The company failed to produce new evidence following rejection in April of its request for a court order to block FDA approval of three generic versions of Vancocin, U.S. District Judge Ellen Segal Huvelle in Washington said today in her ruling.
“ViroPharma all but admits that it has presented no substantially new arguments, but rather relies on additional elaboration, none of which persuades the court to reverse itself,” Huvelle said.
Huvelle upheld the FDA’s rejection of ViroPharma’s request for three years of market exclusivity for Vancocin on the strength of a labeling change.
The new label pertained only to previously approved conditions of use and thus “was excluded from exclusivity,” Huvelle said.
Vancocin, which ViroPharma markets for Clostridium difficile and other gastrointestinal infections, accounted for about $289 million in sales in 2011, about half of the drugmaker’s revenue.
Kristina Broadbelt, a spokeswoman for the Exton, Pennsylvania-based company, said Huvelle’s decision wasn’t a surprise and that ViroPharma hasn’t decided whether to appeal it.
“We’ve been moving forward without counting on the revenue from Vancocin,” Broadbelt said in a phone interview.
ViroPharma has expanded its business in Europe and developed a focus on rare diseases, including hereditary angioedema, or HAE, an immune system deficiency, for which the company markets Cinryze in the U.S., Broadbelt said.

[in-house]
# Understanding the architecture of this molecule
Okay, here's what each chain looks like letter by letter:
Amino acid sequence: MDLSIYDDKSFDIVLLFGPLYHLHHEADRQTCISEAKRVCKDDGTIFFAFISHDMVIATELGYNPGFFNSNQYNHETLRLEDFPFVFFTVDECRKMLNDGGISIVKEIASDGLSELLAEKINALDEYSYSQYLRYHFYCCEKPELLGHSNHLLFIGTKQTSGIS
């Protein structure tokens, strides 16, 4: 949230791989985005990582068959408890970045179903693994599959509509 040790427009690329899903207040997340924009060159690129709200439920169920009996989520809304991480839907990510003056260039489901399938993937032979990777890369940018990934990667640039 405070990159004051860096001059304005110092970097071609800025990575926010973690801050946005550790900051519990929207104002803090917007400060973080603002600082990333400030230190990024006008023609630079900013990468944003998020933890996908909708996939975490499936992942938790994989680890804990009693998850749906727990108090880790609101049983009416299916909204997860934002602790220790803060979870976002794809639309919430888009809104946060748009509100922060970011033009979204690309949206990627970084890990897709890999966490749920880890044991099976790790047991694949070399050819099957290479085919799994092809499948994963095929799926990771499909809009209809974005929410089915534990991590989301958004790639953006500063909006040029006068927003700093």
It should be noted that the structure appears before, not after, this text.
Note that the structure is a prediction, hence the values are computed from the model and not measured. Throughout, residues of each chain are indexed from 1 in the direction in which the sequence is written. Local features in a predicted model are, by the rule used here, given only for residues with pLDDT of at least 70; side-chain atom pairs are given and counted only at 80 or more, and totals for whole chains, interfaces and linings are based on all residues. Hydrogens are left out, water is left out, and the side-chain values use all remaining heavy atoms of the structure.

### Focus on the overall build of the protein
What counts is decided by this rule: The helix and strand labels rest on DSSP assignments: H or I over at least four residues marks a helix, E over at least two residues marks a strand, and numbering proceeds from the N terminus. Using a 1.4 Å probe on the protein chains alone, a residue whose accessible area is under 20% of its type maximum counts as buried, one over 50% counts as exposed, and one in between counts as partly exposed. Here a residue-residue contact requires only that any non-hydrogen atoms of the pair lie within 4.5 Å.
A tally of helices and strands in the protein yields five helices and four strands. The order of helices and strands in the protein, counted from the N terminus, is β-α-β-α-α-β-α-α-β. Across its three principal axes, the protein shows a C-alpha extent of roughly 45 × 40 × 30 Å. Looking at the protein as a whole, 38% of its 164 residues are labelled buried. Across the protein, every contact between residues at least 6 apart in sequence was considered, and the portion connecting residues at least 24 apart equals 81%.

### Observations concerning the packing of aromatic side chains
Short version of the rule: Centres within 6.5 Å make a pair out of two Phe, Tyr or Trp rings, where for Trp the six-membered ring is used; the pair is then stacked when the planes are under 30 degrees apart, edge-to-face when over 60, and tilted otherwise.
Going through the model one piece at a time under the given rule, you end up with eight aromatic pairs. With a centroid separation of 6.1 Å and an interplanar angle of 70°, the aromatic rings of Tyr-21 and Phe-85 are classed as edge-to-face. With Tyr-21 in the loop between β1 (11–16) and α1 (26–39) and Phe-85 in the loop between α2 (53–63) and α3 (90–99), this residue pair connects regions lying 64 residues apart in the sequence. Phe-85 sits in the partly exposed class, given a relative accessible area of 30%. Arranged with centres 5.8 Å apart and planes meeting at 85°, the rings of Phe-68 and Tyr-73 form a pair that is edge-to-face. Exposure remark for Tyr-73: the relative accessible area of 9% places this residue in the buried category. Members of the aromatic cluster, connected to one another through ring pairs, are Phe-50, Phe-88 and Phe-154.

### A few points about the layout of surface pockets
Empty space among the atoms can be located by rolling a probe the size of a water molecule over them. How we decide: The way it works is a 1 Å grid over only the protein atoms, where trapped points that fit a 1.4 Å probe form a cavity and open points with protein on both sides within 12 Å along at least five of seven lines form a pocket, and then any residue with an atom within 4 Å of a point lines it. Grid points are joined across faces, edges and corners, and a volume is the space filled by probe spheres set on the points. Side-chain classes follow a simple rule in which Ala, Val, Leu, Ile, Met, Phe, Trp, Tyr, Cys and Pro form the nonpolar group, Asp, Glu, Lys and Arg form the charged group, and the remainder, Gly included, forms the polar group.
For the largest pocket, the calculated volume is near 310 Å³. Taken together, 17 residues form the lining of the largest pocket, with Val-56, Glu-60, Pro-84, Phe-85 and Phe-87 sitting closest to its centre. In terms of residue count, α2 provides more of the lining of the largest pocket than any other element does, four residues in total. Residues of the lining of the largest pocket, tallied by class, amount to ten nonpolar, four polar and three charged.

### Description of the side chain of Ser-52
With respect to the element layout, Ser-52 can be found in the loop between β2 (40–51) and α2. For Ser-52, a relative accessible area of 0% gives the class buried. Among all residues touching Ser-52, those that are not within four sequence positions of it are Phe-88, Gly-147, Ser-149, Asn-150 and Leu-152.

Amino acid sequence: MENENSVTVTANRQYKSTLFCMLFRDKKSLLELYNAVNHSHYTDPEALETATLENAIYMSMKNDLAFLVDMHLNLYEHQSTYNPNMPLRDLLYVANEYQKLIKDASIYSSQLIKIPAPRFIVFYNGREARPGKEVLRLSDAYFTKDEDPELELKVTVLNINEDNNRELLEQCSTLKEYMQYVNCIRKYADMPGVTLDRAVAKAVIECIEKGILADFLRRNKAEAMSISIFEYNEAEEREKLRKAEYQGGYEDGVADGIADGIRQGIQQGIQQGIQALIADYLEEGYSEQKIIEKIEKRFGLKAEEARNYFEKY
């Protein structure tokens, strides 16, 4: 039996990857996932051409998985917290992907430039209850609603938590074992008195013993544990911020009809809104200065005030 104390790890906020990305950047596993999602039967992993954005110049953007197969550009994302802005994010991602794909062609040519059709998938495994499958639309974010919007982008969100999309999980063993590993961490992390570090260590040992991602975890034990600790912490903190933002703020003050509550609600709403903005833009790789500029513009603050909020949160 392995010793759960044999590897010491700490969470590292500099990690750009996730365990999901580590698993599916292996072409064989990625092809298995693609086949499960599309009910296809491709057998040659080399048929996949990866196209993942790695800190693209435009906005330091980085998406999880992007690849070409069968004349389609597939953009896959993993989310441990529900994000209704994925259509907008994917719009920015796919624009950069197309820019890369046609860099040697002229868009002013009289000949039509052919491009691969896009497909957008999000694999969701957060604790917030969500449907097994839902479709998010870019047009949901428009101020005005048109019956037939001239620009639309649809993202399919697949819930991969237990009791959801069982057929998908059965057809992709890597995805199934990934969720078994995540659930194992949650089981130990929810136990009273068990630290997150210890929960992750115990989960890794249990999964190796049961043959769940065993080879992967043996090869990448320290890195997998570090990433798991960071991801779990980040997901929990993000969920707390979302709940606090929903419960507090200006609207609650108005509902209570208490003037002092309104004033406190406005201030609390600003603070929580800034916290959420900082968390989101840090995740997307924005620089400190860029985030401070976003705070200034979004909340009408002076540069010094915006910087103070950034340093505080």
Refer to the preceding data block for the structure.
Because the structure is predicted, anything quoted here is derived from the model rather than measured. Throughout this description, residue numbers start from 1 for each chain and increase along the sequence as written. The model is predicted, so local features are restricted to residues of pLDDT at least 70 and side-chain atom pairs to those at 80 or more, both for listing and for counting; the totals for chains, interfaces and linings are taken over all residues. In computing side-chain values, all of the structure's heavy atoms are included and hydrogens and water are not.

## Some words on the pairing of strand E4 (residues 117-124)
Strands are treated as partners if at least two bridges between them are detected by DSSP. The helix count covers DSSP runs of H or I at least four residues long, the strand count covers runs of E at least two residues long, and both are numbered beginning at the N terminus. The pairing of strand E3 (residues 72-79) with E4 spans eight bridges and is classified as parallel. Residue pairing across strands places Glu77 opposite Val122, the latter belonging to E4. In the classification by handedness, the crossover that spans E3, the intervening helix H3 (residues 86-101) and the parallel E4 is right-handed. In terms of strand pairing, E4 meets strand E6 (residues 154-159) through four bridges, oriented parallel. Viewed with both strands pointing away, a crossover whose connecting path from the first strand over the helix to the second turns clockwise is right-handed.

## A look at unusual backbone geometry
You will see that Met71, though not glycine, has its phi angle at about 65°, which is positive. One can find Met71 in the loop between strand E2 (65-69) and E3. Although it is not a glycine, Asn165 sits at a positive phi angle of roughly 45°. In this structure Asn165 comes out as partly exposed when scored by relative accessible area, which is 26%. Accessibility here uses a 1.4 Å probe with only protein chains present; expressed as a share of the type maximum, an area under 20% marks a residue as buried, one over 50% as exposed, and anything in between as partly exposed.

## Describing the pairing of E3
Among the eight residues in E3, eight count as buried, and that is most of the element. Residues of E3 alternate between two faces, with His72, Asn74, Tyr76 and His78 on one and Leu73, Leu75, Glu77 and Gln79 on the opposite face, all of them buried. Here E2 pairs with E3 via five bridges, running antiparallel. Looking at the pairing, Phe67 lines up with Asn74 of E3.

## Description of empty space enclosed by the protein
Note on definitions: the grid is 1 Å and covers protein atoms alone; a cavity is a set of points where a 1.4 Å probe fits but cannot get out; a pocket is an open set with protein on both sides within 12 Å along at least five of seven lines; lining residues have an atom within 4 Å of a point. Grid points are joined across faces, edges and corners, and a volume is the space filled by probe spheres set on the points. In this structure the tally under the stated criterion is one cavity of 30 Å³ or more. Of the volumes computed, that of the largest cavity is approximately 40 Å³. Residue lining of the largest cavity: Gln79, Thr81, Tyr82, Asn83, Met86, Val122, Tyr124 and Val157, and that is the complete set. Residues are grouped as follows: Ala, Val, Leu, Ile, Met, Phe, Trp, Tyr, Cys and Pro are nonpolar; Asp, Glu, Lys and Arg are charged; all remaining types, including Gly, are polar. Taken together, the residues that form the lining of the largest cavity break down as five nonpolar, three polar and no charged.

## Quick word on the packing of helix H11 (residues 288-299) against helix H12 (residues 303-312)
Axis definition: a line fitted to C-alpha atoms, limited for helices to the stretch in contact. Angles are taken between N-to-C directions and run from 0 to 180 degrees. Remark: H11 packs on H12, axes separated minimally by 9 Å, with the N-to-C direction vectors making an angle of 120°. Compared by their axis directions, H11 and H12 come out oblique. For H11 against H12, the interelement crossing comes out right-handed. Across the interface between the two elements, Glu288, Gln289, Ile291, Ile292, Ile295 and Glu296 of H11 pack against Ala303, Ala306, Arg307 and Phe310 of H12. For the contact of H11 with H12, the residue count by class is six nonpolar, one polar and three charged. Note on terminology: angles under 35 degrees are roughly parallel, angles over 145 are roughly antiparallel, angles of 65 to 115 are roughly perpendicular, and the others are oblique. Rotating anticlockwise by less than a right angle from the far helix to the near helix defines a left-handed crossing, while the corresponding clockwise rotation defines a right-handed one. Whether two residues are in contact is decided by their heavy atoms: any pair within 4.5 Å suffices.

ViroPharma sued the FDA and the U.S. Department of Health and Human Services on April 13, three days after Akorn Inc. (AKRX) and Watson Pharmaceuticals Inc. (WPI) disclosed that they had won regulators’ approval to market generic forms of Vancocin.
ViroPharma sought injunctive relief and an order assigning it market exclusivity for Vancocin through Dec. 15, 2014.
Vancocin, which is taken orally, is known generically as vancomycin.
The case is ViroPharma Inc. v. Hamburg, 12-cv-00584, U.S. District Court, District of Columbia (Washington).
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